Why Interest Rates Will Rise — Japanese Yen Reaches 15-Yr High Versus US Dollar

Yesterday the U.S. Dollar fell to the lowest level in 15 years when compared to the Japanese Yen, closing at 83.3 Yen per U.S. Dollar.

This has both positive and negative ramifications. From a trade perspective, it makes U.S. made goods and real estate less costly to foreigners and foreign-made goods more expensive to U.S. consumers. At some point that means we import less and export more which equates to more jobs in the U.S.—and that is positive.

Bad news is that a continuing U.S. Dollar reduces the global wealth of Americans and will contribute to higher interest rates. As the U.S. continues to run a massive federal deficit, we do so by borrowing money by selling U.S. Treasurys—with the Chinese and Japanese being the largest purchasers.

Now put yourself in the position of a Japanese buyer of a 2-Year Treasury Note in September 2008 when the exchange rate was 103.4 Yen per US Dollar. To buy a $100,000 Treasury Note, the Japanese investor forked over 10.66 million Yen and earned a miniscule 0.96 percent per year (yep—less than 1 percent average in September 2008). Interest was paid every six month and the Treasury Note is now mature. So the Japanese investor received total interest payments of $US1, 920 and now gets their $100,000 investment back. But the Treasury is Dollar denominated and now must be converted back to Yen (assuming the investor wants their money).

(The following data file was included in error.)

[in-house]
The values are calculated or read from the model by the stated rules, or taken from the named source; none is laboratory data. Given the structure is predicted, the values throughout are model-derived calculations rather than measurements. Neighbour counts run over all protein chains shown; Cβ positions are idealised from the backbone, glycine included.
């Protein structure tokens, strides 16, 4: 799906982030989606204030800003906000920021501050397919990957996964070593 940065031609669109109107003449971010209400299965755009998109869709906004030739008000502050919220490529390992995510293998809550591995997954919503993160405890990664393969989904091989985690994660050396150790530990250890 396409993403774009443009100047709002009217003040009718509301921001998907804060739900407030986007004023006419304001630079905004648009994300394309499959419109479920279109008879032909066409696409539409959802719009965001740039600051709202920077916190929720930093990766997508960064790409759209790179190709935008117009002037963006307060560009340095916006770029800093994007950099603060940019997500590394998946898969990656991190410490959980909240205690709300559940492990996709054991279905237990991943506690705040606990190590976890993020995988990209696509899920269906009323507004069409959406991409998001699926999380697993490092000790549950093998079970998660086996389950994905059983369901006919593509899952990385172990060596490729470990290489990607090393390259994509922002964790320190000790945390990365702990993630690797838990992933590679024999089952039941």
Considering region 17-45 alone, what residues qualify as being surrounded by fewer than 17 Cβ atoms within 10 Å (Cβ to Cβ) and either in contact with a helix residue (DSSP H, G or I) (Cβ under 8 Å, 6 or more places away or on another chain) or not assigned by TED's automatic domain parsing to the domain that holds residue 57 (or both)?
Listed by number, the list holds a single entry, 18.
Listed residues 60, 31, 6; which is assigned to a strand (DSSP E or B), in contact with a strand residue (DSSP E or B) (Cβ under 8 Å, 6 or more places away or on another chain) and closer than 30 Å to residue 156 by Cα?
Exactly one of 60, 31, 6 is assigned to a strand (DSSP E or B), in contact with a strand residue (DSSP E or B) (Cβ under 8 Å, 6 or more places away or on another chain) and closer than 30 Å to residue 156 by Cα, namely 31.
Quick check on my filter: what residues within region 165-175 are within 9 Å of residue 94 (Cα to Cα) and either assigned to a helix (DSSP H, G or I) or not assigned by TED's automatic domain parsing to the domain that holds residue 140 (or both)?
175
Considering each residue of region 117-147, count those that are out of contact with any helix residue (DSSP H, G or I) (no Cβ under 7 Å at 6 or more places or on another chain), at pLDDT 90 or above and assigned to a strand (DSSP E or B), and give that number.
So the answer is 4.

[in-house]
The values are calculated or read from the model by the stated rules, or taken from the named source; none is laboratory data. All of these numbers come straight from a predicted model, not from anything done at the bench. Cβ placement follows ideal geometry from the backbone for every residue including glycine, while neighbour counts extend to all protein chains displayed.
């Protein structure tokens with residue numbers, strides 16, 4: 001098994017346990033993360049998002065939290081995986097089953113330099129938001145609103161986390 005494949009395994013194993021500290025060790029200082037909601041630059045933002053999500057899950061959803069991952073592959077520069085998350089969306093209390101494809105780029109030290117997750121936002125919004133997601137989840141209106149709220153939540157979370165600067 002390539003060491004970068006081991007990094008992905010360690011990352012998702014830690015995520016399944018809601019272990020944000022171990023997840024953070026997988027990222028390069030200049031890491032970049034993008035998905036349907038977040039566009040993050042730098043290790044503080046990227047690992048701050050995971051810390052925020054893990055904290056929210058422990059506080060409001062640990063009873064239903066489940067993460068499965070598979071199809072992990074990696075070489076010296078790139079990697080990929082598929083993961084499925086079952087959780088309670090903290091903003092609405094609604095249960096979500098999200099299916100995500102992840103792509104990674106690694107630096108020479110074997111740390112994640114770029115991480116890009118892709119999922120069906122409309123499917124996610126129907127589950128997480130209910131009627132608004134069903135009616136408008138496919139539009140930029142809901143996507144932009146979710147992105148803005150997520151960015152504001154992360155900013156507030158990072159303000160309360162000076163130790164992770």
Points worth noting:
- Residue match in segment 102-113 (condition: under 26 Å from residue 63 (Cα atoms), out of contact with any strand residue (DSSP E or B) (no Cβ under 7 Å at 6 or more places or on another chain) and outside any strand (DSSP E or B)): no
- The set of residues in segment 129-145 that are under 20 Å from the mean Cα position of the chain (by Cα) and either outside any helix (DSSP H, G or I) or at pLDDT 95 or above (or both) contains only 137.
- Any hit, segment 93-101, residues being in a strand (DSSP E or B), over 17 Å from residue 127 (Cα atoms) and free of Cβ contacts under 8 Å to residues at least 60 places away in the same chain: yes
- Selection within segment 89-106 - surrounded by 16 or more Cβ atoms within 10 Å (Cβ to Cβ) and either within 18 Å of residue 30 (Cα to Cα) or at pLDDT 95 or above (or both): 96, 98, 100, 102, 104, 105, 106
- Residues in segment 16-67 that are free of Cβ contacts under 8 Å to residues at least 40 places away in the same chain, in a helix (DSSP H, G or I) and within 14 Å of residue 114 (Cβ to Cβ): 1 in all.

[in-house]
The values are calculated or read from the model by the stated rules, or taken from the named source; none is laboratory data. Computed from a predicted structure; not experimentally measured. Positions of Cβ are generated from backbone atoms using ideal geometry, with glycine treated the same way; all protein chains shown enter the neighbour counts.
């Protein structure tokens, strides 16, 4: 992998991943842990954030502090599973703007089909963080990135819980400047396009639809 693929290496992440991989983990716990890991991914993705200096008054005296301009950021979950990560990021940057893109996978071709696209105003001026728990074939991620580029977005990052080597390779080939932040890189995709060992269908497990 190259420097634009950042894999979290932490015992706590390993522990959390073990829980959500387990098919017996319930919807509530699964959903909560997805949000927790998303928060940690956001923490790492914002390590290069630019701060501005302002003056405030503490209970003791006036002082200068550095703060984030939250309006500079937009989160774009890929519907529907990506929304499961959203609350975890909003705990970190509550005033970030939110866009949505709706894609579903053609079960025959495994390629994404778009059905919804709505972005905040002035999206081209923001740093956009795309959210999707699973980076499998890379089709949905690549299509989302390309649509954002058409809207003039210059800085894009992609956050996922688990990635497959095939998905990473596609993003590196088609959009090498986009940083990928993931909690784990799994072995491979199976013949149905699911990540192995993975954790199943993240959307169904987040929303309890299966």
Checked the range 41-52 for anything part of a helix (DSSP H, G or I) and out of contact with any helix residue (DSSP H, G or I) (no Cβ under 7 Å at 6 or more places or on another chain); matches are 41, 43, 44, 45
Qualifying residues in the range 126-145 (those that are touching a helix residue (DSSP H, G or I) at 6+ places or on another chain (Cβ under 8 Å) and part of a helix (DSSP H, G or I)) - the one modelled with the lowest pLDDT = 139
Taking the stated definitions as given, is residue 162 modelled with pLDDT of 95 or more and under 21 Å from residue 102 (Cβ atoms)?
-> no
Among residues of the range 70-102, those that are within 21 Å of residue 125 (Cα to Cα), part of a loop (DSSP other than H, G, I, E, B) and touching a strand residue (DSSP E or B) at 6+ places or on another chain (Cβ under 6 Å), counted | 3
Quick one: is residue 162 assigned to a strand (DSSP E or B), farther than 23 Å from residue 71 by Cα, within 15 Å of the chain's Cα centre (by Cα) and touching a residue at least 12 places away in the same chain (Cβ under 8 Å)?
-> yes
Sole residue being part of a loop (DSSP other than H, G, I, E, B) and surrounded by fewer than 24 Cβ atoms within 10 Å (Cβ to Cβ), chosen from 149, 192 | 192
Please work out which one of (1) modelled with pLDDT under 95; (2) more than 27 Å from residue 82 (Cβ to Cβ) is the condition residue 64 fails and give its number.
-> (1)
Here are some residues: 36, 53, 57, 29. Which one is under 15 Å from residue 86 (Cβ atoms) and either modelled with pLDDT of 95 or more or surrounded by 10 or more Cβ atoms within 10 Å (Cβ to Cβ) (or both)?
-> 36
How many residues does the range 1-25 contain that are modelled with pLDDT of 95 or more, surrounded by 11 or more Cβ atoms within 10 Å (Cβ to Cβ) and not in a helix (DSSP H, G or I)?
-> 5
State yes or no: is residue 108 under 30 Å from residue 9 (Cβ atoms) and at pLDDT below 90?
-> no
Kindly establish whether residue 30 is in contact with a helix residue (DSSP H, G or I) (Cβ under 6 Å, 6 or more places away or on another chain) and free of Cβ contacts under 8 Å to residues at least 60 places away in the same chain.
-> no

The cash flows and exchange rates would be as follows:

So even before considering the time value of money, this investor lost more than 20 percent on their invest (a function of both a declining value of the U.S. Dollar and extremely low interest rates. You kind of wonder if the declining value of the U.S. Dollar is a major component of Japan’s deflation. Perhaps it is.

You also need to question why there is not a renewed run by foreign investors in U.S. real estate. With capitalization rates in the 7 to 10 percent range, U.S. real estate offers an attractive alternative to Treasurys.

Given this abysmal financial return, how long do you think foreign investors will continue to buy U.S. Treasurys at these low rates? Not long I would believe. The Japanese will continue to buy at the rates only if alternative investments are less attractive (and I can’t imagine that there are not a buffet of alternative more attractive than a 20 percent plus loss in two years). They will buy though at higher interest rates—hence my forecast of rising rates.

Is there an opportunity for a strengthening of the U.S. Dollar? Not likely, given the huge Federal deficits we are running. Now in excess of $1 trillion per year and a decade at this level given record deficits points to a further shrinking Dollar. Take a look at following graph showing the Dollar-Yen average annual exchange rate since 1980.

Do I see a strengthening in the U.S. Dollar? Nope. And that’s because I see no shrinking of the Federal deficit in the coming decade. And that’s before we pay for nationalized health or cap and trade. The storm will get worse before it gets better. And real estate returns are starting to look really attractive.


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